This orange Chamberlain tractor looks the odd one out in the Coach House Museum’s impressive collection of green and gold John Deere tractors, yet it is one of the same family.
This is the Chamberlain-John Deere Model 306, made in 1970 with a Perkins 6-306 diesel engine. The tractor was previously owned and operated by Ferg Crawshaw, and later presented to the Museum along with his John Deere collection of 17 tractors in 2009. It has three-speed main, and three-speed auxiliary transmission. It was capable of speeds ranging from 3 to 40 kilometre per hour.
But how did the Chamberlain tractor become part of the John Deere family?
The Chamberlain tractor had its roots in Australia, and was the brainchild of mechanic Bob Chamberlain who wanted to build a tractor suited to the large Australian land holdings.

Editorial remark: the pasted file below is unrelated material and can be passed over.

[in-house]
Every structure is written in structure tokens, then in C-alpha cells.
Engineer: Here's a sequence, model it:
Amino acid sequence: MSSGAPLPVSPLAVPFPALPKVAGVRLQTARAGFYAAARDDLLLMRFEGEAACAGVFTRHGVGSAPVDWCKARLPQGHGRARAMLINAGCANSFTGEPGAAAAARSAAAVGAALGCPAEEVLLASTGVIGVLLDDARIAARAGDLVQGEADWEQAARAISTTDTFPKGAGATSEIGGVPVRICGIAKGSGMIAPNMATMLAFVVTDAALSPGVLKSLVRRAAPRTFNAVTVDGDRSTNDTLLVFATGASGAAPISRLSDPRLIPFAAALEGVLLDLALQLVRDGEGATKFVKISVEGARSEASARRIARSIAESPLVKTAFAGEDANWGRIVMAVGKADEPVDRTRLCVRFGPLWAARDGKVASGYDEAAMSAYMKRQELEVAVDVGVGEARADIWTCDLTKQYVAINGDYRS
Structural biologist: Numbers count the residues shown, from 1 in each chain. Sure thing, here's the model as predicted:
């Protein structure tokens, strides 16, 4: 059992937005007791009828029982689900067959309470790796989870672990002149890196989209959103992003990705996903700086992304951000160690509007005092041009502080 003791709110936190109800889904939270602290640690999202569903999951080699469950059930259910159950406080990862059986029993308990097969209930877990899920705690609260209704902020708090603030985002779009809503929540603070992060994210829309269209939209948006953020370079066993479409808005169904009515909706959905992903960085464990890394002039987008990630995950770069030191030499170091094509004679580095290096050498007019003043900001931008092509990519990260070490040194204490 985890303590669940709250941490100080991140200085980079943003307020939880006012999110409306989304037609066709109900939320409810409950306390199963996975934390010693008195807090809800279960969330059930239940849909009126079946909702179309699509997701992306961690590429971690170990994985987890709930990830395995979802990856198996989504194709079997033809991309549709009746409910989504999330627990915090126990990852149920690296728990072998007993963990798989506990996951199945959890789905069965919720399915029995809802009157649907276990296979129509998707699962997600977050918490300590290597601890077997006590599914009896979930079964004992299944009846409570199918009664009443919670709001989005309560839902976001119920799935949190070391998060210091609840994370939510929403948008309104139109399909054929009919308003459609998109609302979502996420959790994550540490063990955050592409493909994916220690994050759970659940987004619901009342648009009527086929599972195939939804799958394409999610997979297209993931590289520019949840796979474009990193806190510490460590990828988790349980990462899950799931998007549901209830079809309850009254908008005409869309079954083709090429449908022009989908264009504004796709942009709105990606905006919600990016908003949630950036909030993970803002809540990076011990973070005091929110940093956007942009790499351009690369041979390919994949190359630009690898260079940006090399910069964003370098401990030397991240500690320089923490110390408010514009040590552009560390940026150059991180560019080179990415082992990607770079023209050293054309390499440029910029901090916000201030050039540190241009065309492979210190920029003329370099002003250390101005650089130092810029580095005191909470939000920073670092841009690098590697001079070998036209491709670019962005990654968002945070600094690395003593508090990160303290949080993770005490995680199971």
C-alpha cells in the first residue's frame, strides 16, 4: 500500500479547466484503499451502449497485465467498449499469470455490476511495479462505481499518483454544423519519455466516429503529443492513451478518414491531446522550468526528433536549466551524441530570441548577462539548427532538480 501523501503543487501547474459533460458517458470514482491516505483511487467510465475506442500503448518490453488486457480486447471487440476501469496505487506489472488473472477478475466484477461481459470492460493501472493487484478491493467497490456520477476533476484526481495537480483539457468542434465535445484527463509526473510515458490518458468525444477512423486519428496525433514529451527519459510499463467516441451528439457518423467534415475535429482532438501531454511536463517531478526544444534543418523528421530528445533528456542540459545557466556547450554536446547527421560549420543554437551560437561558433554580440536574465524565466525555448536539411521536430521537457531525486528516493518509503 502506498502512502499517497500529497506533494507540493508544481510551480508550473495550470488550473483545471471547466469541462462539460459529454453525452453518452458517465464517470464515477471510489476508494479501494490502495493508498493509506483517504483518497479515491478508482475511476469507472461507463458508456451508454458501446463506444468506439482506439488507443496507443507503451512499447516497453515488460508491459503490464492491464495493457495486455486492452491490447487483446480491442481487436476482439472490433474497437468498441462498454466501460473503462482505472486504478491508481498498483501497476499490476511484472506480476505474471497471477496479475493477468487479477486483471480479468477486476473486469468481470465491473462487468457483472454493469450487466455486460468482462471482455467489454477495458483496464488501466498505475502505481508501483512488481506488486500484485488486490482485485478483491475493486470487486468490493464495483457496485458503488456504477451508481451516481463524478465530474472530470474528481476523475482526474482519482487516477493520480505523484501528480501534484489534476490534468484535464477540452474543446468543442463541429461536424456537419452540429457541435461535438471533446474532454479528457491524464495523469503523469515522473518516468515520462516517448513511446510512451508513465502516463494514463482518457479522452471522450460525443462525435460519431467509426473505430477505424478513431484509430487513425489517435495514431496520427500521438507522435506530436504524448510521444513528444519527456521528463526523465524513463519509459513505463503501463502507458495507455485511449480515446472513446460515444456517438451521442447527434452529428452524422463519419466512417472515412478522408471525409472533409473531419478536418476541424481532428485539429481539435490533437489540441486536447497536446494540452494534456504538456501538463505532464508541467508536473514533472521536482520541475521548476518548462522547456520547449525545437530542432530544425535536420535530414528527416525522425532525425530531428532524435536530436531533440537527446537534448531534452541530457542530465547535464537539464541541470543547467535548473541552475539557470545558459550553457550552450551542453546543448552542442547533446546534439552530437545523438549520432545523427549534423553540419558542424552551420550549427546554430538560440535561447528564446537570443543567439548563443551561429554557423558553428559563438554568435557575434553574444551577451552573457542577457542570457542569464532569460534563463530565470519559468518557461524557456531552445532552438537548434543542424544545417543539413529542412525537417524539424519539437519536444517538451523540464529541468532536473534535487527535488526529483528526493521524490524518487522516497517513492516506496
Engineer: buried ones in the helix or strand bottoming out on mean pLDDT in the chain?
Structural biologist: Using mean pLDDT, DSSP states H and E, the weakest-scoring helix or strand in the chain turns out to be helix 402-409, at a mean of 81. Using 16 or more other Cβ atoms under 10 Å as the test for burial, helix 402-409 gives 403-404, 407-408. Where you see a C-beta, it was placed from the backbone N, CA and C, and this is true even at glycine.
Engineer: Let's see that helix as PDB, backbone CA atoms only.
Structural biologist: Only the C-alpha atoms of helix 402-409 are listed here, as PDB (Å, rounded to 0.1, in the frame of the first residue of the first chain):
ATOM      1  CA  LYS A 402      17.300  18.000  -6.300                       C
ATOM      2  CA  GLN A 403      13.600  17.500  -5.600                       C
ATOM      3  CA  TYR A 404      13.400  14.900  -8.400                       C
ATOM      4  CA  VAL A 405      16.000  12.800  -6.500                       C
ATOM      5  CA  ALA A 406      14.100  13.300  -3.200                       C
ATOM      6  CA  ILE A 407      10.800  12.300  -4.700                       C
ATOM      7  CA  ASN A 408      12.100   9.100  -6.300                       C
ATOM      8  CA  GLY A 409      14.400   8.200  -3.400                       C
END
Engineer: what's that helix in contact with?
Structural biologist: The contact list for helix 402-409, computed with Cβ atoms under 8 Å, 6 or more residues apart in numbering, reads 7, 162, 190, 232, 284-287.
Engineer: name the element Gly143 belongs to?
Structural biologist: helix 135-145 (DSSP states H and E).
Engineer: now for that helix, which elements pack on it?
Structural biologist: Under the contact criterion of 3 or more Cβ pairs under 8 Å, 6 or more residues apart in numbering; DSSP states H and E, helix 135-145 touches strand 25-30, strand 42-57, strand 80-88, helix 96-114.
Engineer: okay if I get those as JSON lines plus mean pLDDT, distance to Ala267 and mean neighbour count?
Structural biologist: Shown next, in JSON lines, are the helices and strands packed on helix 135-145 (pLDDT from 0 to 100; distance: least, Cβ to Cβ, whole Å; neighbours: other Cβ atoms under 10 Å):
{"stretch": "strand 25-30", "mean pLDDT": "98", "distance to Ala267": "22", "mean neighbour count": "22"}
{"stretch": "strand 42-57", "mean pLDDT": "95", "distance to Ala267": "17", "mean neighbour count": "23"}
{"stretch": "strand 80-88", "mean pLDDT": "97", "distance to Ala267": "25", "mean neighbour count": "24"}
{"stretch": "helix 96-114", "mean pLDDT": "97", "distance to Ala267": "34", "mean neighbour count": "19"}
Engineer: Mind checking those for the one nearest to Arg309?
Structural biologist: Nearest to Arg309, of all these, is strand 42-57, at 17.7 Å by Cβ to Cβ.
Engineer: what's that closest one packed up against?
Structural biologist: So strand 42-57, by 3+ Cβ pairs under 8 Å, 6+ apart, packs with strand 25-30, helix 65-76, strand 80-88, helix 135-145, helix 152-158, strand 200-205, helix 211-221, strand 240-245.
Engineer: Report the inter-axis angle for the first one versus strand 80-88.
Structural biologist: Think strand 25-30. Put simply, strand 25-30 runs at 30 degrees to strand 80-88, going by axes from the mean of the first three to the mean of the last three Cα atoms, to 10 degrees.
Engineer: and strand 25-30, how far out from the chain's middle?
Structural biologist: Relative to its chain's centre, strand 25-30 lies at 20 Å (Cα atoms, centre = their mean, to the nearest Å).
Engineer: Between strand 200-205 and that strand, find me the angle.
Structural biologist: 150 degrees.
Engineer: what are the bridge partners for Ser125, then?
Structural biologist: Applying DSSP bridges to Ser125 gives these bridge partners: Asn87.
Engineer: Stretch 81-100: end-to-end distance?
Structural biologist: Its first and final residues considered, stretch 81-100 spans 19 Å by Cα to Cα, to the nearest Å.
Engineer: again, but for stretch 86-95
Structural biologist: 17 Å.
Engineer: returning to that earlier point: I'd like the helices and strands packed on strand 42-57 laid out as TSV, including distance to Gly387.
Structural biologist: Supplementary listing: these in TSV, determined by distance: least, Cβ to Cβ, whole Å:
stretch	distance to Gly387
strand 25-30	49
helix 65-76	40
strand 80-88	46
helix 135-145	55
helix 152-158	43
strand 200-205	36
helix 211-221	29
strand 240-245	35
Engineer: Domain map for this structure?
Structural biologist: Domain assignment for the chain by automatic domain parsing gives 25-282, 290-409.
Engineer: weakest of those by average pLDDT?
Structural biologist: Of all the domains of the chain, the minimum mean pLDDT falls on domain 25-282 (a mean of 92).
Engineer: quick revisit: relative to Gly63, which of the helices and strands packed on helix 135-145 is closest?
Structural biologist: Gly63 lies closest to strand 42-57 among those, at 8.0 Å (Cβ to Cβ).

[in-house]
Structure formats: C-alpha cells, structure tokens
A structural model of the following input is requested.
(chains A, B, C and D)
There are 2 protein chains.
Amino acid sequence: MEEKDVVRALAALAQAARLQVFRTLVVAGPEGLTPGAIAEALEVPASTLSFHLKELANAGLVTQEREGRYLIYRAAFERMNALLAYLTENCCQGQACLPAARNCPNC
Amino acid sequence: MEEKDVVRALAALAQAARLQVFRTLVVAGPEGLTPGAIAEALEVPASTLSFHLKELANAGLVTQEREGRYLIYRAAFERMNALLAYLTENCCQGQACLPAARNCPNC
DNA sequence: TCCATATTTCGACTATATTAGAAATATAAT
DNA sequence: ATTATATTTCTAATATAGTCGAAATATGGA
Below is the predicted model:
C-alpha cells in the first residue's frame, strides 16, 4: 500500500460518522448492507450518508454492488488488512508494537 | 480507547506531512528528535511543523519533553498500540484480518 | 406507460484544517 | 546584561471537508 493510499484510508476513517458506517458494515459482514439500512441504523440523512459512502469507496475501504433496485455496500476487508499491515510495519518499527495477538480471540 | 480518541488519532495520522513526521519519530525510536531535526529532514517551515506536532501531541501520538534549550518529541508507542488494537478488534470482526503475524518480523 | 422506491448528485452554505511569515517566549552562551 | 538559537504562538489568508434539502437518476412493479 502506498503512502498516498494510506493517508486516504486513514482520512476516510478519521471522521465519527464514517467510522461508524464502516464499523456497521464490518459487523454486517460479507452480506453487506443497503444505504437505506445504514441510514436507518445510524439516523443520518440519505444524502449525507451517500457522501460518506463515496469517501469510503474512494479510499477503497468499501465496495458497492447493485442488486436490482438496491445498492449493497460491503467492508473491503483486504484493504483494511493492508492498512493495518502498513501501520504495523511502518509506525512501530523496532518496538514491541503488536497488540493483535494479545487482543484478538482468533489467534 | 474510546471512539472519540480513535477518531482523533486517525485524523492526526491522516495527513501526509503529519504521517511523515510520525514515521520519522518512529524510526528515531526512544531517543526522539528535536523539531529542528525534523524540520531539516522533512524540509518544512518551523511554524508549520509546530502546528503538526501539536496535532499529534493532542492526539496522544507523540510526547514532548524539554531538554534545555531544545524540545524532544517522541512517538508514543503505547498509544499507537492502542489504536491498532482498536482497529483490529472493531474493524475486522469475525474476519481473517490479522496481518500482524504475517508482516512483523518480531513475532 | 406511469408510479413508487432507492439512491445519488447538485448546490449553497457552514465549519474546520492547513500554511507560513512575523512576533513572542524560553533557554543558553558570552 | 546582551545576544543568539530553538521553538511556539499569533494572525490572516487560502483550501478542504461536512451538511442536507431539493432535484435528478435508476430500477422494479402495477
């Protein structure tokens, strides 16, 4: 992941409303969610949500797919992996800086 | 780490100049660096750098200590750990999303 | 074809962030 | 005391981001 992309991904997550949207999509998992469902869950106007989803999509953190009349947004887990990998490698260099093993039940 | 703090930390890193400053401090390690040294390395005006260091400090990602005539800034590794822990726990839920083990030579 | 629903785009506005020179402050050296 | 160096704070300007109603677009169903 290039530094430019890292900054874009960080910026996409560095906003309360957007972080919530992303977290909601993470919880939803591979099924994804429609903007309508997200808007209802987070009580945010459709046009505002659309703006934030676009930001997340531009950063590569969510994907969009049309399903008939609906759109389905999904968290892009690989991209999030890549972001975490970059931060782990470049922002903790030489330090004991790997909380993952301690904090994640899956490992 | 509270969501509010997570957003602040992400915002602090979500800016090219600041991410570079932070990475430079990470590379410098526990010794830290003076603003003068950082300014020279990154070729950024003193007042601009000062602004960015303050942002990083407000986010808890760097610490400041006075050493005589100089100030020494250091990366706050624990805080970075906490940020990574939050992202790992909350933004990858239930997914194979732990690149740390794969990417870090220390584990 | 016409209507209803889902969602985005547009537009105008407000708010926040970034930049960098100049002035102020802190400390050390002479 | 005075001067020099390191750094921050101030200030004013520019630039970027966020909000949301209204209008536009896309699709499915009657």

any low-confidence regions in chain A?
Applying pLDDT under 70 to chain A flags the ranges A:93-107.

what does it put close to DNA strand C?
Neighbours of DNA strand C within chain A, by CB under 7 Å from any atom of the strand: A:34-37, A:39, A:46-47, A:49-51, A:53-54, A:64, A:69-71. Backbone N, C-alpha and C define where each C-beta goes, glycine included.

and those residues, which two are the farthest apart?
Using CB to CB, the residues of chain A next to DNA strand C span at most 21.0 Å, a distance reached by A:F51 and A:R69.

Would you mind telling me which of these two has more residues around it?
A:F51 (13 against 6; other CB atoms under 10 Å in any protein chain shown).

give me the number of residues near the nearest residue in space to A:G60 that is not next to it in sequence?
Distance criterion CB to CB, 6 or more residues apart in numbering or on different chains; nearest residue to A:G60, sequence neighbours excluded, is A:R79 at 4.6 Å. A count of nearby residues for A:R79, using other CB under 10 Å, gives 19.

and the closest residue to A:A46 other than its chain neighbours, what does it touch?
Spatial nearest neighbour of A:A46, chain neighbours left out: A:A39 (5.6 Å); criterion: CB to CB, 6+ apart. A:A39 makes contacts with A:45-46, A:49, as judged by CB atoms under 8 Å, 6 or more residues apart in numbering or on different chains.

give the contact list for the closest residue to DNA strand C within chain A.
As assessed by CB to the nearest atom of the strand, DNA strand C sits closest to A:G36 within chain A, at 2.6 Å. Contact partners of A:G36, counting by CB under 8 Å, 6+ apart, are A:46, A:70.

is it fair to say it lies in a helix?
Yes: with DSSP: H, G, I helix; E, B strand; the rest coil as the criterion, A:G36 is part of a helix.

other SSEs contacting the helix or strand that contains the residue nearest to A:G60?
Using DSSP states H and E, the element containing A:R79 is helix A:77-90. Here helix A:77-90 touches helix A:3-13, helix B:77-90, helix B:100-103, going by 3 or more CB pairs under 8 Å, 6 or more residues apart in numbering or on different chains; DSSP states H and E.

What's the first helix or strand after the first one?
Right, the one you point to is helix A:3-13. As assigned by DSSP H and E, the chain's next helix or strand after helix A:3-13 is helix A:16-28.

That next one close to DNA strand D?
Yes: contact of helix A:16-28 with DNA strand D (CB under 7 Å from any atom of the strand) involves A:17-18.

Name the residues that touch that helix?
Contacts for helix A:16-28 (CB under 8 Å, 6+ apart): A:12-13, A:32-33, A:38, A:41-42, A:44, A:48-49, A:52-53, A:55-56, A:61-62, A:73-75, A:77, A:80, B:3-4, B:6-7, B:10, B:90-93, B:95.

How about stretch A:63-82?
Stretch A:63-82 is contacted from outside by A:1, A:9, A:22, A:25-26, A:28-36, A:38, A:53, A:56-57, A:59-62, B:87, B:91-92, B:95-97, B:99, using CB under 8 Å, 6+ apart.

Chamberlain Industries was formed, and the first prototype tractor was built, but when the West Australian Government got wind of the project, it persuaded Bob to use an ex-munitions factory in Welshpool, Western Australia.
The first Chamberlain tractor to run off the production line in 1949 was the model 40k, which had 40 horsepower (30kW), twin cylinder horizontally opposed engines. They weighed four tonnes and were considered ideal for Australian needs.
In 1953 Chamberlain started to produce diesel-powered tractors such as the GM 60 DA, later the 70DA, and 55DA.
After producing the Perkins Champion diesel tractors Chamberlain made a range of even larger tractors to further suit the Australian broadland farmers. These proved popular at heritage tractor pulling contests and even had their own national championships.
In 1970 the John Deere Company of America bought a controlling interest in Chamberlain Industries, and in the 1980s it became a fully owned subsidiary of John Deere.
The Welshpool plant was expanded and upgraded in 1978, however, by 1986 due to a significant decline in manufacturing, Chamberlain ceased production of its tractors.
121 South Street,